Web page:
Empowering Native Women Initiative
Each month The Farmer’s Daughter Fibers is hosting collaborations with fellow makers to raise money for Montana’s Human Trafficking & Missing and Murdered Indigenous Women (MMIW) Task Force and their local YWCA in Great Falls, MT. The task force’s primary objectives are fostering education, raising awareness, and bolstering prevention efforts on the local level. This local YWCA serves 7 counties and 3 reservations. Follow @thefarmersdaughterfibers on Instagram to stay tuned for more information on this important cause. You can check out last month’s fundraiser and donate here.
(When the collaboration between The Farmer’s Daughter Fibers and myself goes live I will update this post. It should be sometime mid-May.)
I have a lot I could write about this latest pattern. The concept began in August of last year and it’s finally making its debut 8 months later. Honestly, I’ve felt a little jaded about self-publishing after my first year of business. I definitely feel that self-publishing pays designers the most since there’s only a couple of middle man fees (Ravelry and Paypal/Squarespace). But it’s still a rough world of self-promotion. Getting your work noticed and seen takes so much effort.
I see now why most small businesses fail within the first 5 years, it’s hard to believe things will get better when you’re trying your best to be heard in a room full of people. Not to mention the doubt that what I have to say and design matters at all or if I even have a right to design.
I know I need to continue, I will continue. But the scary thing is I don’t know what’s going to happen. This is when you chime in with, “no one knows what’s going to happen to them, their source of income, in the world, etc.” We’re all doing our best to just get on with it. Even though I’m scared, more scared than I was when I first started, I just have to get on with it. Introducing My Sister’s Braids.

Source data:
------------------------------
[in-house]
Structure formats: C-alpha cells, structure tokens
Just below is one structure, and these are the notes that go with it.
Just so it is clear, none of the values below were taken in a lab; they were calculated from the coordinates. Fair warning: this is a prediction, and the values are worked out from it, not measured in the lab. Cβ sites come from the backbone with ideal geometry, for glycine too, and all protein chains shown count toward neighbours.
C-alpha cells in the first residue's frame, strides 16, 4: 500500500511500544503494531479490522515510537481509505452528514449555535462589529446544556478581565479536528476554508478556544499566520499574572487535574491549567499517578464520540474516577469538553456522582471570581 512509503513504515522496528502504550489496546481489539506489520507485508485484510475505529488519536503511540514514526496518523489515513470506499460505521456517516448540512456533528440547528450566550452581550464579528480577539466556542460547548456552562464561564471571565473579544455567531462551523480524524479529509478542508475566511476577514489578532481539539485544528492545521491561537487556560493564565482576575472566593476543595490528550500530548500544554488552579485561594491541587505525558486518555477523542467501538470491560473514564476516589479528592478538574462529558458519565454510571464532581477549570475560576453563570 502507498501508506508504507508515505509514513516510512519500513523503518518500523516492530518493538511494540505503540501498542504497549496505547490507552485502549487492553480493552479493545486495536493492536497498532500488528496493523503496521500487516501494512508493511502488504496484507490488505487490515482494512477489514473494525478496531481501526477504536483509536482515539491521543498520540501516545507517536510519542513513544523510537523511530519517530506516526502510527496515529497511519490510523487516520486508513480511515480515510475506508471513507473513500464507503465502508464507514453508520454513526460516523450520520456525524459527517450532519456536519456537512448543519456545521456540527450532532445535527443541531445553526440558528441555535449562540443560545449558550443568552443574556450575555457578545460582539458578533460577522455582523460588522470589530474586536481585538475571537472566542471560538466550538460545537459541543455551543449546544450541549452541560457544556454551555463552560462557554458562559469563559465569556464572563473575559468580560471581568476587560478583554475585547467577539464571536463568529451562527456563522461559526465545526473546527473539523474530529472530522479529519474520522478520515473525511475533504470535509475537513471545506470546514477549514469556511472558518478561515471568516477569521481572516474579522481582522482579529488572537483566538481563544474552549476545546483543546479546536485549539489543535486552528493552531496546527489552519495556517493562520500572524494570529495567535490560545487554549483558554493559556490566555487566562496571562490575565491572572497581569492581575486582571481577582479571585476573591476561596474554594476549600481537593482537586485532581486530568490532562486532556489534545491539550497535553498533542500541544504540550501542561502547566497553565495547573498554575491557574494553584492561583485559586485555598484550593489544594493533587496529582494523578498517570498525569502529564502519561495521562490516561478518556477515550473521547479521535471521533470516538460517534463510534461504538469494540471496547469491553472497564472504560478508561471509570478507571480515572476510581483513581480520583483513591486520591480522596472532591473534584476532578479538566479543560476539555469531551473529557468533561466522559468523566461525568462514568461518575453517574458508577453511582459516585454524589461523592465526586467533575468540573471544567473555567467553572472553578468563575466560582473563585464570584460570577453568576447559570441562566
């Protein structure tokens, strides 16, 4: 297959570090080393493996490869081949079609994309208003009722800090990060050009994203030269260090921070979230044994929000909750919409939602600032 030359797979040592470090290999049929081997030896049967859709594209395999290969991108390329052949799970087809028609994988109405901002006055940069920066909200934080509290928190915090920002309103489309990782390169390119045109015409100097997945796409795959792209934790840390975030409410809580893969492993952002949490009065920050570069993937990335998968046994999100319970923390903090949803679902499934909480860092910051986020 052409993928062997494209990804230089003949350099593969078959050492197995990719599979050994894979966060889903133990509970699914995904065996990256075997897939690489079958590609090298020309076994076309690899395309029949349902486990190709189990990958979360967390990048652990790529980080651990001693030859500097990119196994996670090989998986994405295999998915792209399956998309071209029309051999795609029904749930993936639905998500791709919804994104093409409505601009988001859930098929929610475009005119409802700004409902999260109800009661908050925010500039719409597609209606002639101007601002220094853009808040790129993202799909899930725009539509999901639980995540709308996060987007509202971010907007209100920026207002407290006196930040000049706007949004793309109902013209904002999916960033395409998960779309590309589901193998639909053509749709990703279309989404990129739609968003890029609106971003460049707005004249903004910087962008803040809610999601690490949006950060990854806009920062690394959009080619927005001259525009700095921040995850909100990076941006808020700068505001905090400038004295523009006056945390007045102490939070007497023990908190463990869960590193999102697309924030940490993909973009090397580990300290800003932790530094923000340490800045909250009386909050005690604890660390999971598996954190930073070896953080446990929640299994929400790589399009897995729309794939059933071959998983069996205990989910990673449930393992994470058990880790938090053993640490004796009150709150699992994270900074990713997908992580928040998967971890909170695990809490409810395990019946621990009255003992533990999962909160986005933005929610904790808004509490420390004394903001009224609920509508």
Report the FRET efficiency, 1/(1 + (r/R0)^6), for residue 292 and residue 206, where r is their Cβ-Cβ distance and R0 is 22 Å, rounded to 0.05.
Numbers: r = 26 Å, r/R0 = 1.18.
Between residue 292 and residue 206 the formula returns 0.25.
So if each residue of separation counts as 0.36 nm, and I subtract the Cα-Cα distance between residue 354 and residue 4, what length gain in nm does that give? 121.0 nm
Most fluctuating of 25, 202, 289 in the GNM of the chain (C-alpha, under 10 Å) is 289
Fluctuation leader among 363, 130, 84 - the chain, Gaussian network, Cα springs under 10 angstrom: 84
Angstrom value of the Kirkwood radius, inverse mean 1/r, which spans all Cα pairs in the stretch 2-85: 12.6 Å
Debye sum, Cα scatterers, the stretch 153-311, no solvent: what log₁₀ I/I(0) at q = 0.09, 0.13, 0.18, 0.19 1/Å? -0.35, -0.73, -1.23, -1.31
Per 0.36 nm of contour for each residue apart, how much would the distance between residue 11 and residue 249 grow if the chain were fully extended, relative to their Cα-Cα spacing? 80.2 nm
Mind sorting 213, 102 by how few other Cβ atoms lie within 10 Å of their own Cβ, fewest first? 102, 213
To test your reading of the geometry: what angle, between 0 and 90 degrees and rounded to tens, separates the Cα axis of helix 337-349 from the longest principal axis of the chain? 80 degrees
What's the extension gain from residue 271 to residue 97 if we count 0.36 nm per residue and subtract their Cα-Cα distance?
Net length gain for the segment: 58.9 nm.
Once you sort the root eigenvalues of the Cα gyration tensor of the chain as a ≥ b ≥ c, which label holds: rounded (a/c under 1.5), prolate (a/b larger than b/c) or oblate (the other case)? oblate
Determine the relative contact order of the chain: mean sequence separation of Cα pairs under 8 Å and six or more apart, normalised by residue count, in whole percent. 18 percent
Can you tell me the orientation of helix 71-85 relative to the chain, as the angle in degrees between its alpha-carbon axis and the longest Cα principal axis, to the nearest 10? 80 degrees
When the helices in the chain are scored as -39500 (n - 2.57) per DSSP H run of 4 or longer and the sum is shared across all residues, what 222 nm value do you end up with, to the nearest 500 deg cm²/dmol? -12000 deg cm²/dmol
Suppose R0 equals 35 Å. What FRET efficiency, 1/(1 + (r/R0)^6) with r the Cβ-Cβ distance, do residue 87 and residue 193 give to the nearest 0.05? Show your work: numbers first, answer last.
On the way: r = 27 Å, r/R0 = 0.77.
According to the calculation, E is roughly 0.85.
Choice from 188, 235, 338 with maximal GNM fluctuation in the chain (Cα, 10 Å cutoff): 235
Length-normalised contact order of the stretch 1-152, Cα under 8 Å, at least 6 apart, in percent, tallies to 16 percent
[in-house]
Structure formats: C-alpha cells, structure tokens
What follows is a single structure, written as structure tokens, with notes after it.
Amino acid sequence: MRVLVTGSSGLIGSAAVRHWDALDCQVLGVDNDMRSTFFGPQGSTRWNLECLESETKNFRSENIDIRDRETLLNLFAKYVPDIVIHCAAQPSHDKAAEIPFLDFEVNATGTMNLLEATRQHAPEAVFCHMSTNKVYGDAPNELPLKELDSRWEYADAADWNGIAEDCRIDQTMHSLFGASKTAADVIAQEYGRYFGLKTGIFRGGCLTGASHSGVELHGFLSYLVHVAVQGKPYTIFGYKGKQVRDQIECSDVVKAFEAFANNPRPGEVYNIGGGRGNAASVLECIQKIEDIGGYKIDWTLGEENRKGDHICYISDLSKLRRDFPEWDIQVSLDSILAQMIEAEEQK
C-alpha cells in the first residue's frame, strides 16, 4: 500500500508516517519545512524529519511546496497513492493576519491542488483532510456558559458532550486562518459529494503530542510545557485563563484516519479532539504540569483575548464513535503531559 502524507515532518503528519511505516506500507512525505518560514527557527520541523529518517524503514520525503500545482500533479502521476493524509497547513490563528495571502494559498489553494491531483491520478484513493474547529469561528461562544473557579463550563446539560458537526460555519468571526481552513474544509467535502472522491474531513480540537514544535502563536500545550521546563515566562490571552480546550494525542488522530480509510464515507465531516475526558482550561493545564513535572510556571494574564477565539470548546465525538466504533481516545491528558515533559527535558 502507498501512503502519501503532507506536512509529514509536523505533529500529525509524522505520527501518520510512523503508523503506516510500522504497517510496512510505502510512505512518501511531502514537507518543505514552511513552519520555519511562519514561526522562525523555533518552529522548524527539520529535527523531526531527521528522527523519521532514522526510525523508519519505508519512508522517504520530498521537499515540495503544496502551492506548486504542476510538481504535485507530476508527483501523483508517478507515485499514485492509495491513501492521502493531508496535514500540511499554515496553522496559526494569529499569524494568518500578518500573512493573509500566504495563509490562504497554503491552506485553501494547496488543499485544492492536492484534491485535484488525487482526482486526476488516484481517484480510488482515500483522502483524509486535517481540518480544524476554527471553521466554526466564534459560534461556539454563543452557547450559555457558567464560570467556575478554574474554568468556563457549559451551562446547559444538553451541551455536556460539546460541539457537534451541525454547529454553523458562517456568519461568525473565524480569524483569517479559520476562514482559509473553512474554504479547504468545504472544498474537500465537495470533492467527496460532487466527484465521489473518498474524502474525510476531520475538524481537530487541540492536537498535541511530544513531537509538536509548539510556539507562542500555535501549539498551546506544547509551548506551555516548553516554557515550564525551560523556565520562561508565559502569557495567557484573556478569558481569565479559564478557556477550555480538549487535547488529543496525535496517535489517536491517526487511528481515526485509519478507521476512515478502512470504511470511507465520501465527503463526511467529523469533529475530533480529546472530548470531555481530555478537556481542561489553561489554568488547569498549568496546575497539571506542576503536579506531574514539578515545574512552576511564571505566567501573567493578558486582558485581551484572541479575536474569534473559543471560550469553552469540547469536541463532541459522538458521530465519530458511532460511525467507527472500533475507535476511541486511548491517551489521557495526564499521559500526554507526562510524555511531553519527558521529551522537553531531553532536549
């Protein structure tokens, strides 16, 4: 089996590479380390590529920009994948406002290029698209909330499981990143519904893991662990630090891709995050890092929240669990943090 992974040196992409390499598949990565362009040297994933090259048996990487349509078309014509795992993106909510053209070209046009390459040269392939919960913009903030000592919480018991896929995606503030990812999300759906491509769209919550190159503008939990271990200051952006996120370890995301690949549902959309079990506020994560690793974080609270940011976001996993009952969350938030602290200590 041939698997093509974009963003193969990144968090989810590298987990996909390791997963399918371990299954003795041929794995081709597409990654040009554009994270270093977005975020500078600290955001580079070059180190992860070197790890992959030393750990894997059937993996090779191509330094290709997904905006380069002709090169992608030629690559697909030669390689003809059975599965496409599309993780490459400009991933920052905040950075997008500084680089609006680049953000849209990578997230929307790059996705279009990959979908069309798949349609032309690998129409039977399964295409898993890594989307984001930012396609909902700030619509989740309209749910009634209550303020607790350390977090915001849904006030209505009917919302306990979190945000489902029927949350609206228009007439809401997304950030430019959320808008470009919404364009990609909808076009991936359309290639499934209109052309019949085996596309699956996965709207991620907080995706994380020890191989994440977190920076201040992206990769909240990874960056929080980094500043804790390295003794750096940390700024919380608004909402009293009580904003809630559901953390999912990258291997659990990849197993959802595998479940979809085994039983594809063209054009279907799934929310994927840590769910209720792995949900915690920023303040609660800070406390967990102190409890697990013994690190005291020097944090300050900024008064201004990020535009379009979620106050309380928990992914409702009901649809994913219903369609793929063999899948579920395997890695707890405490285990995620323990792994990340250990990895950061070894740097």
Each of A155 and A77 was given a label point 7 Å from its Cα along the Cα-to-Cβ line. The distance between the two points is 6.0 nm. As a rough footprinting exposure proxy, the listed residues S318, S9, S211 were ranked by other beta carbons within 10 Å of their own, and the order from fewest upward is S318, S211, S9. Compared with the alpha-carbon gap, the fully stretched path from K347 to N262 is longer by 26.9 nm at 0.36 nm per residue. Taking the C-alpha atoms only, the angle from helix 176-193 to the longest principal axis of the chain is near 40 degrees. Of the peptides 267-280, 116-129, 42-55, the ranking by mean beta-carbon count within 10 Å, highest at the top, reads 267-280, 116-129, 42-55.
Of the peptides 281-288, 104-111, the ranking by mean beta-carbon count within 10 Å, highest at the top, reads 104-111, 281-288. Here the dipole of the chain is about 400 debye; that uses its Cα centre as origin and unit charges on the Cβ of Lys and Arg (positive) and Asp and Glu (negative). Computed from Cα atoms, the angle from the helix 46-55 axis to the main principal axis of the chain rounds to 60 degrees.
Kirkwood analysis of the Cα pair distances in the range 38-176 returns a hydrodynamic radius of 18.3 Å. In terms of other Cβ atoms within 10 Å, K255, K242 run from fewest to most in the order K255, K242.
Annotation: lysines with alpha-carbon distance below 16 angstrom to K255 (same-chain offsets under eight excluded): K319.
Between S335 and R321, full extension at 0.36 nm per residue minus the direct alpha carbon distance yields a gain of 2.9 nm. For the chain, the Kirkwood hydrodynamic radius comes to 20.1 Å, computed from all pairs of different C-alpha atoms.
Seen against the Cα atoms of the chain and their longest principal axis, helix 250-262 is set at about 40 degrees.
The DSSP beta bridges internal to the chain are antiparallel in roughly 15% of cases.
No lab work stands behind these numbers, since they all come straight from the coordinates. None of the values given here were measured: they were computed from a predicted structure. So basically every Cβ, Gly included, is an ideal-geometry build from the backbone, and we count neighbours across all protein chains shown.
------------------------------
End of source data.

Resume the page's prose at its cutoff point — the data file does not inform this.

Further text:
This shawl is a top down triangle shape with a wide center spine of cables that twist like wrought iron. As it gets larger, smaller cables are added on either side that radiate from the center. Ribbing borders the bottom edge and tassels adorn each point.
This is the first design where I made a mood board before I came up with a single idea. I chose the yarn and really looked at it, at what it reminded me of. I put together a board on Pinterest and looking back at it now, I’m surprised how clearly my original ideas come across in the shawl.
I saw the browns, dirty reds, yellows, and turquoise in the yarn as very earthy colors. For the first time I really felt the unique quality of The Farmer’s Daughter Fibers colors. Plants, metals, gems, southwestern, western, mint chip ice cream, so many things came to mind. This part of the process was wonderful and truly enjoyable to engage in.
Finding the techniques and patterns that would represent these ideas, shapes, and feelings was also fairly easy. Getting the patterns I chose to work how I imagined was not. I ripped out 3” baby shawls over 20 times to get the first part of the shawl to look clear and elegant. The yarn taught me very quickly what stitches just made a confusing mess. Reverse stockinette came forward as the perfect background for the cables and the varied color in the Heartbreak Hotel colorway. When recently asked if I was excited to see what other colors people knit my shawl with, I thought ‘I can’t imagine it looking better than it does in the color I chose.’ I really can’t. If my goal was to show off hand dyed speckled yarn I succeeded.
Really my goal was to design something I actually like. This shawl feels like my first novel. I don’t know how I could design something so nice again. I also need to say that I have no idea where the ideas came from. They appeared one by one as a gift and I suspended my ego and stupidity long enough to grasp onto them and make them into something I love.
I had another name for this shawl while working on it, but it’s called My Sister’s Braids because of The Farmer’s Daughter Fibers’ Empowering Native Women Initiative and my dear friend Tania. This little feeling came over me and whispered, “donate patterns to Candice’s initiative.” I asked Tania what she thought and she named it My Sister’s Braids on the spot. The cables look like braids, we’re like sisters to each other, it was perfect.
The whole creative process of My Sister’s Braids has been humbling but wonderfully rewarding. If you feel so inclined, I hope you enjoying knitting it.